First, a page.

On the brand side, personnel change also tends to be frequent, but driven more by rotations, career management and promotions than by attrition. The revolving doors of resourcing tend to diminish the perceived value of longevity, continuity and depth of knowledge, which are actually some of the basic value propositions offered by design firms.
Arguably, traits like continuity and depth of knowledge of the brand’s business are much more valuable contributions to the business of both brand and design firm, especially in the face of turnover.
Let’s review...
We can agree that change is accepted as normal, whether it’s changing roles, people, suppliers or expectations. And it’s clear that design and innovation are becoming increasingly more important in the marketplace and in the arsenal of capabilities held by both clients and design firms. Our research indicates that brands believe changing suppliers will help them elevate their design and innovation via new/different ideas (we’ll save much of that debate for another time and perhaps another issue of BrandPackaging).
But, while the data and insights above might deem it acceptable to live within a dynamic environment of design relationships, it’s important to consider a few things before you walk away:
Point 1: How Do You Talk? And How Do You Walk?
First, consider whether you truly know and understand why you are thinking about taking action. You should seek to understand yourself—your needs, procedures, behaviors and your interactions. Metaphorically, look in a mirror. Often the best solution is changing yourself versus changing your suppliers. Clients who seek to elevate their game by changing out suppliers, might be doomed to relive the same outcome with a new slate of suppliers if they do not have their own house in order, thus the need for a little internal attention.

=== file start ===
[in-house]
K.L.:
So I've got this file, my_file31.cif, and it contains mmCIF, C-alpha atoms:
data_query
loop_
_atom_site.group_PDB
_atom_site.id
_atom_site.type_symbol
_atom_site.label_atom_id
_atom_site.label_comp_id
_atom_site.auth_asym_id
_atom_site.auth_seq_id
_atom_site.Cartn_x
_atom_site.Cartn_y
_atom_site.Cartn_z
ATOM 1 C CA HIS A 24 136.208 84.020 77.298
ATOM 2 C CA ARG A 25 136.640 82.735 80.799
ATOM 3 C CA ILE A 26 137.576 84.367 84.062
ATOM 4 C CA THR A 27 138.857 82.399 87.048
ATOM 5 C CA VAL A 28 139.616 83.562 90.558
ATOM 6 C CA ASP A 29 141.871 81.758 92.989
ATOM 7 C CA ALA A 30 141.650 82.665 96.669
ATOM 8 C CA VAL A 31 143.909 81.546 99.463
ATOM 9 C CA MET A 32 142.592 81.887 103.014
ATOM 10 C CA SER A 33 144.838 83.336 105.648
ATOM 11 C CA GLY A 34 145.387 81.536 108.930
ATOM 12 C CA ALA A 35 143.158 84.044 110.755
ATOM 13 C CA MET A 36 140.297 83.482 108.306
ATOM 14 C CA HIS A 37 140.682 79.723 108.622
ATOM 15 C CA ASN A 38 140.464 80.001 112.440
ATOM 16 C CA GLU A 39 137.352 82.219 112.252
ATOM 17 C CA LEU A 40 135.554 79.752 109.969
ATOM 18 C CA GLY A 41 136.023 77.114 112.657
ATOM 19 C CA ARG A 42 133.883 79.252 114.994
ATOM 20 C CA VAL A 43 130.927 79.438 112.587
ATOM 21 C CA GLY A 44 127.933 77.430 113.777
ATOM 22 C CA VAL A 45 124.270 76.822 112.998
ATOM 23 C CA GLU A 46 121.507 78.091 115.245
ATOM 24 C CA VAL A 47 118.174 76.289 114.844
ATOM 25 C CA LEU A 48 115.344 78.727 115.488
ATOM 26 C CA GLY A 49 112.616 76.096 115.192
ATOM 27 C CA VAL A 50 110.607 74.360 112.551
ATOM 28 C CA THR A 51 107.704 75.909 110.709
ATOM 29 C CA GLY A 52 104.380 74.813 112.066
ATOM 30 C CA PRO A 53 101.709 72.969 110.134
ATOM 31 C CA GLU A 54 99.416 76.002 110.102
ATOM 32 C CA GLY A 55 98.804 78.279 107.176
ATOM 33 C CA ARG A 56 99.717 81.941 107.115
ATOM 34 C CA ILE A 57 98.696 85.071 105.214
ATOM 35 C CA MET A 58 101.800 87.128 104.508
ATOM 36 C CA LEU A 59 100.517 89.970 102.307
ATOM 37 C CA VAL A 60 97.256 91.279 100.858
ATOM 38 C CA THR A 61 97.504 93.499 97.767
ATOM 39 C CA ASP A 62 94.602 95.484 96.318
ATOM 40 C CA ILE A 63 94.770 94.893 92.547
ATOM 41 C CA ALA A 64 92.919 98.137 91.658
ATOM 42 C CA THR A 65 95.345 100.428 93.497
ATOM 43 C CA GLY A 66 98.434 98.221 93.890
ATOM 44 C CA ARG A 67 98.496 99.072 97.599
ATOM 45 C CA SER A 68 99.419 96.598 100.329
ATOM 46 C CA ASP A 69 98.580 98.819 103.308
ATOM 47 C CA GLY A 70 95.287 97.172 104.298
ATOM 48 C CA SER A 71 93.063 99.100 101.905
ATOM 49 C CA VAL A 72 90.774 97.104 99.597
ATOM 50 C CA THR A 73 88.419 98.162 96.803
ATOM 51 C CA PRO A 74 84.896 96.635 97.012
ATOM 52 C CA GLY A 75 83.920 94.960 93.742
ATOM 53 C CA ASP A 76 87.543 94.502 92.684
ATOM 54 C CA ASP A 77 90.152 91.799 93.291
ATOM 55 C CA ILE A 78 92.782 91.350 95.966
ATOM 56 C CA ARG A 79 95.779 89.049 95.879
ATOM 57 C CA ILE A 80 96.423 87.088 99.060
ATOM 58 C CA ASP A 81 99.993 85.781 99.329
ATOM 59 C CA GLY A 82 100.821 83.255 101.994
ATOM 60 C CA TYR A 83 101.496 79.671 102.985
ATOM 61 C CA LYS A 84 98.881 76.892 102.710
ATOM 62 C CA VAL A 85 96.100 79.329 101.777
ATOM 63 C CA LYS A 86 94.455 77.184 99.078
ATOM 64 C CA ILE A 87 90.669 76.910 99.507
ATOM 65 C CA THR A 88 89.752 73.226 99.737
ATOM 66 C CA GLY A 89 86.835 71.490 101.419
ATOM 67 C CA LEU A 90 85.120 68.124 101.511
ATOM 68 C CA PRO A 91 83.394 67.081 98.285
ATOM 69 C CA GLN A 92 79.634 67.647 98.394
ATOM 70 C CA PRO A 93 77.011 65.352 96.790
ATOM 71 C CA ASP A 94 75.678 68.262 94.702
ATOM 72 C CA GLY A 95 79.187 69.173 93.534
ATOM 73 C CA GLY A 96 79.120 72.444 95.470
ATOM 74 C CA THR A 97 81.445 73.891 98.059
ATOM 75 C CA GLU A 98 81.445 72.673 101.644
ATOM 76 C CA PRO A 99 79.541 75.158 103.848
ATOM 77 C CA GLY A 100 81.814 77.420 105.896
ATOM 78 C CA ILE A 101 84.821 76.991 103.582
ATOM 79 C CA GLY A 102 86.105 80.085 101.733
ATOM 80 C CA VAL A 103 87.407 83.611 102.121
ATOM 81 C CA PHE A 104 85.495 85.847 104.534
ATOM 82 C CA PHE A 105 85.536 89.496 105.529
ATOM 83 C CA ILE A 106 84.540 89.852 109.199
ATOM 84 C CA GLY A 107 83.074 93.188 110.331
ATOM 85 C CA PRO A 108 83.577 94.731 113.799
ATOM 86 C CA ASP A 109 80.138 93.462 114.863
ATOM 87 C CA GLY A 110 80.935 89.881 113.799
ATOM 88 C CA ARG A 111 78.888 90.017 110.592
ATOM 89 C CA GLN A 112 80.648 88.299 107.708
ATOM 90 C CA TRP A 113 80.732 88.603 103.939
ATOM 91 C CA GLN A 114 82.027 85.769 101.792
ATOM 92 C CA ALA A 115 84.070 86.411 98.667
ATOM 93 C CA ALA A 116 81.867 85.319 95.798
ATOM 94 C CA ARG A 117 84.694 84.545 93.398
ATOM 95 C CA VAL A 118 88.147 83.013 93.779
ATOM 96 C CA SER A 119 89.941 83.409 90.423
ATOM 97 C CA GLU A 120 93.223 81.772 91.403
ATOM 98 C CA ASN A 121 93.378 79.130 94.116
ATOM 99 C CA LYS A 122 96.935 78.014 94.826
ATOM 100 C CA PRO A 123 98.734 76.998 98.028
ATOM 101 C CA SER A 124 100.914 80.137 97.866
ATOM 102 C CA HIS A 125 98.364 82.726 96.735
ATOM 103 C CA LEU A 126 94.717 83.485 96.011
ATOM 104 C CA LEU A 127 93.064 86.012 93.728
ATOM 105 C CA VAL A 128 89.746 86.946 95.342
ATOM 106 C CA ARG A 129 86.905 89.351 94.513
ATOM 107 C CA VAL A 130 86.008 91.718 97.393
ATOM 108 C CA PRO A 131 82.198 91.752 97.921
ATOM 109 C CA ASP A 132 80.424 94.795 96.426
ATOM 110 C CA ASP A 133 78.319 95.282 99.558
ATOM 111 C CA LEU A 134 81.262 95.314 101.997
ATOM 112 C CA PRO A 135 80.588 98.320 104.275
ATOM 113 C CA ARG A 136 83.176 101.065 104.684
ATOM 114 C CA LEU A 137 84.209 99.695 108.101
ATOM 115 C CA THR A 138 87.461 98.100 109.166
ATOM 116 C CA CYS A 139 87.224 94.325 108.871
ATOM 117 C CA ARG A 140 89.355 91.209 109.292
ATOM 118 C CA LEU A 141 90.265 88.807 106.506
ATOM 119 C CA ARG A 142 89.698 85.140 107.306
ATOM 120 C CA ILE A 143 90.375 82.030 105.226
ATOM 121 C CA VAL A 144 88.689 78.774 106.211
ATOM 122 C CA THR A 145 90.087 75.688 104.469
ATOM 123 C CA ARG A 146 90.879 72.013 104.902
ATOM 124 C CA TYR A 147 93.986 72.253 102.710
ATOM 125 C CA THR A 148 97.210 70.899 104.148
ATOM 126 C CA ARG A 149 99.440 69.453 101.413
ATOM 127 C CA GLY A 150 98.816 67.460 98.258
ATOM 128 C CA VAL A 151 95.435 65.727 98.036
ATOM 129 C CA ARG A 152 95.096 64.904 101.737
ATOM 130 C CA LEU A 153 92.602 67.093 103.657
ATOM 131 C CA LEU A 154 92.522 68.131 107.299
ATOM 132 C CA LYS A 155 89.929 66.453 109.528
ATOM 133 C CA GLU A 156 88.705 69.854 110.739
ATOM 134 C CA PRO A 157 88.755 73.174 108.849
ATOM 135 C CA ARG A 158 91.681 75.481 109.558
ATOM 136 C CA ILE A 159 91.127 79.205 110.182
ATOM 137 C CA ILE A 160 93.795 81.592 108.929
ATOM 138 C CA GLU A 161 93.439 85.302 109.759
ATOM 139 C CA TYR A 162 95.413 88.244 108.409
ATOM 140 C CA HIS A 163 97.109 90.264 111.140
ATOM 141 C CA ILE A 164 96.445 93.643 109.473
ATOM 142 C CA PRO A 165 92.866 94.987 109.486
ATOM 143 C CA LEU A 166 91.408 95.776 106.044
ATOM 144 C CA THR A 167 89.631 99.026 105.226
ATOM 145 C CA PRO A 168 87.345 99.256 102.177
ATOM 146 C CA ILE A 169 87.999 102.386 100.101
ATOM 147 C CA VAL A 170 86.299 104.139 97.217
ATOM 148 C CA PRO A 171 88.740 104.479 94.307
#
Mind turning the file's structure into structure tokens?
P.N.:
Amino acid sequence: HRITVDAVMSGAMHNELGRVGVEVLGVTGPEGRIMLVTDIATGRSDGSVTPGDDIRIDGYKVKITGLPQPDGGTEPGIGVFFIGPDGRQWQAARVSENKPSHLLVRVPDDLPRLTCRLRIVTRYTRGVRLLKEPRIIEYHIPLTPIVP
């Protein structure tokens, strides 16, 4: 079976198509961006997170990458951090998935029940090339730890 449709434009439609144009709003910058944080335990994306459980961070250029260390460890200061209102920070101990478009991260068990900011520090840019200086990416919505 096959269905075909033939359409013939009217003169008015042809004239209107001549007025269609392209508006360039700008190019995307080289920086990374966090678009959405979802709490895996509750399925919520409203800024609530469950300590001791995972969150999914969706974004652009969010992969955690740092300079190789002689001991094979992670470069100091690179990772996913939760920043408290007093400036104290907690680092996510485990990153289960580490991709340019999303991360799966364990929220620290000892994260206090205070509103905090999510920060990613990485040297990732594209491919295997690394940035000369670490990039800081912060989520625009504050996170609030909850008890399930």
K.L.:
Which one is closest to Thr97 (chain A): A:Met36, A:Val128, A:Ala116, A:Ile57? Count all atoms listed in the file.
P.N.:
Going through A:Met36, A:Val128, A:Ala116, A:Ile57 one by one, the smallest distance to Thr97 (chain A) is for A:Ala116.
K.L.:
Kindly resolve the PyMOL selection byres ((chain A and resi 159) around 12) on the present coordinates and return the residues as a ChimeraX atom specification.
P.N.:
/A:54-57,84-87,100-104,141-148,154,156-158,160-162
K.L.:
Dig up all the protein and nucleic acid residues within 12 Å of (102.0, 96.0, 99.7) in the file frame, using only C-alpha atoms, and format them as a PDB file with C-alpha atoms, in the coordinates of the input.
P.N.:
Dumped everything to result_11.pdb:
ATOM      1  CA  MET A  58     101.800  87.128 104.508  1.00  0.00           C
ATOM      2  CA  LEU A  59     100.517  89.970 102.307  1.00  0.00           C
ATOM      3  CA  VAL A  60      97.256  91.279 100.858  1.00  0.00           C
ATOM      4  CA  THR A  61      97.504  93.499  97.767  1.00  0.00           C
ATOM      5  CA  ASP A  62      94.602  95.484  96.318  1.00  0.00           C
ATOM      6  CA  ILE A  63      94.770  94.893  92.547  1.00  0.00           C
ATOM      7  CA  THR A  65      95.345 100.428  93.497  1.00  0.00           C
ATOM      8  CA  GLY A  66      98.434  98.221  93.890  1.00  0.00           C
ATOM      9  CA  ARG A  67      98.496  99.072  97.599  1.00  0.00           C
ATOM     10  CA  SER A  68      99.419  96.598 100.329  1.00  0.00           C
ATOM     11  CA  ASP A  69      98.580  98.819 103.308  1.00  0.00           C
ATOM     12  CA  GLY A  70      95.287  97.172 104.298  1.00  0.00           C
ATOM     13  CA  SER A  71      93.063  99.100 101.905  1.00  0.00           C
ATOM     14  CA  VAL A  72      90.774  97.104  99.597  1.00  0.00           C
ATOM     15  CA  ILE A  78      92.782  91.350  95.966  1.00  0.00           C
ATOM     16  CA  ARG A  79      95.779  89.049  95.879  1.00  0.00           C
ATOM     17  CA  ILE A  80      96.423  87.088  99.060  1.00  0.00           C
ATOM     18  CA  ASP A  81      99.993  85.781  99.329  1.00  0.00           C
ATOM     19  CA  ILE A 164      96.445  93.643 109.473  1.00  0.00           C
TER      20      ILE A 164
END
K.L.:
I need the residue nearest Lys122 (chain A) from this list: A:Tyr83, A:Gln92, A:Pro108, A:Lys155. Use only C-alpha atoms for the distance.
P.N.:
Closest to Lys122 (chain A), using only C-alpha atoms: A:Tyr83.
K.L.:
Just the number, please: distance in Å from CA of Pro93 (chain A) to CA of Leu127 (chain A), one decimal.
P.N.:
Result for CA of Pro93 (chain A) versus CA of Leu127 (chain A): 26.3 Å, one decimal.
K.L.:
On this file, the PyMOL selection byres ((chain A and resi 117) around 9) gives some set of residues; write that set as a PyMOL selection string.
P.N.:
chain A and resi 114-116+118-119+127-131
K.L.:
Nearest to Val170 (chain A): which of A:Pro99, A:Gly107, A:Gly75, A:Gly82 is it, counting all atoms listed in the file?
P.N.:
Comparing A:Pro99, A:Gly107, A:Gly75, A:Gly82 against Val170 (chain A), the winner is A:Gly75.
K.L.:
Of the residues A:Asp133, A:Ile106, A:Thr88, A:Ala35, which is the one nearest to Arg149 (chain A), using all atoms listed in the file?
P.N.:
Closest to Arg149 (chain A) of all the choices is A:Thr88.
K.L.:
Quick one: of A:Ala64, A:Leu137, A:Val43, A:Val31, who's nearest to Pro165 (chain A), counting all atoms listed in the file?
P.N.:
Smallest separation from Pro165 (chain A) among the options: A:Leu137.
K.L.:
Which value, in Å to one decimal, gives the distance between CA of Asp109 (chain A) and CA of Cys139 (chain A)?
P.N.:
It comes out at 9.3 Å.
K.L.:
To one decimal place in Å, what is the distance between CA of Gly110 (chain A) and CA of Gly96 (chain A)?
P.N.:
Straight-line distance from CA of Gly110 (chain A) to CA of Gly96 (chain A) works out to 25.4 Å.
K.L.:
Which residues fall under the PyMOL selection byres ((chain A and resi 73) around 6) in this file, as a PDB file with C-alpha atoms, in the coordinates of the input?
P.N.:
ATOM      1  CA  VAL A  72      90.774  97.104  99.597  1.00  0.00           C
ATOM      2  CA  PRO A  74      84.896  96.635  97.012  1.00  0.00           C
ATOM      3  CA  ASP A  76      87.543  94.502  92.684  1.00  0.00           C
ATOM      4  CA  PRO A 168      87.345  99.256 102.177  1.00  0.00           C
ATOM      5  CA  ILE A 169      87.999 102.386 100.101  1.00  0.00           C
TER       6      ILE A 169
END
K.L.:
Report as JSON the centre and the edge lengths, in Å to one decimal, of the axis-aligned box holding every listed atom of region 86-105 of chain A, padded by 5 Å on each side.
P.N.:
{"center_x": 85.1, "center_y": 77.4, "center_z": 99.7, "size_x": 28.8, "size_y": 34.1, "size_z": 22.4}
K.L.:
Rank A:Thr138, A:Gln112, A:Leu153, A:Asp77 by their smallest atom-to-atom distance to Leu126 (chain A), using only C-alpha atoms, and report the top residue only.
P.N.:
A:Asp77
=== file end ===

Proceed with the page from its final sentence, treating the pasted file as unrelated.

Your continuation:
Ask yourself things like:
How do I interact with my design suppliers?
Do I empower, unleash, and inspire their talents?
Are engagements on a project-basis? Agency-of-record?
Do I leverage the full range of their experiences...or constrain them within “my” category?
Are my design firms “vendors”? Suppliers? Or Partners?
Do I offer feedback on their work? On their value? Do I maintain an evaluation program?
Do I help them run a better business?
Is design (and therefore design relationships) managed as an investment or an expense?
The key insight here is to make sure that you act as you talk. It reinforces confidence in the guidance you offer, and enhances the critical discussions you have about the design firm’s work. Just as the best brand experiences drive consistent communications and reinforce messages across all consumer interfaces, so should great design relationships.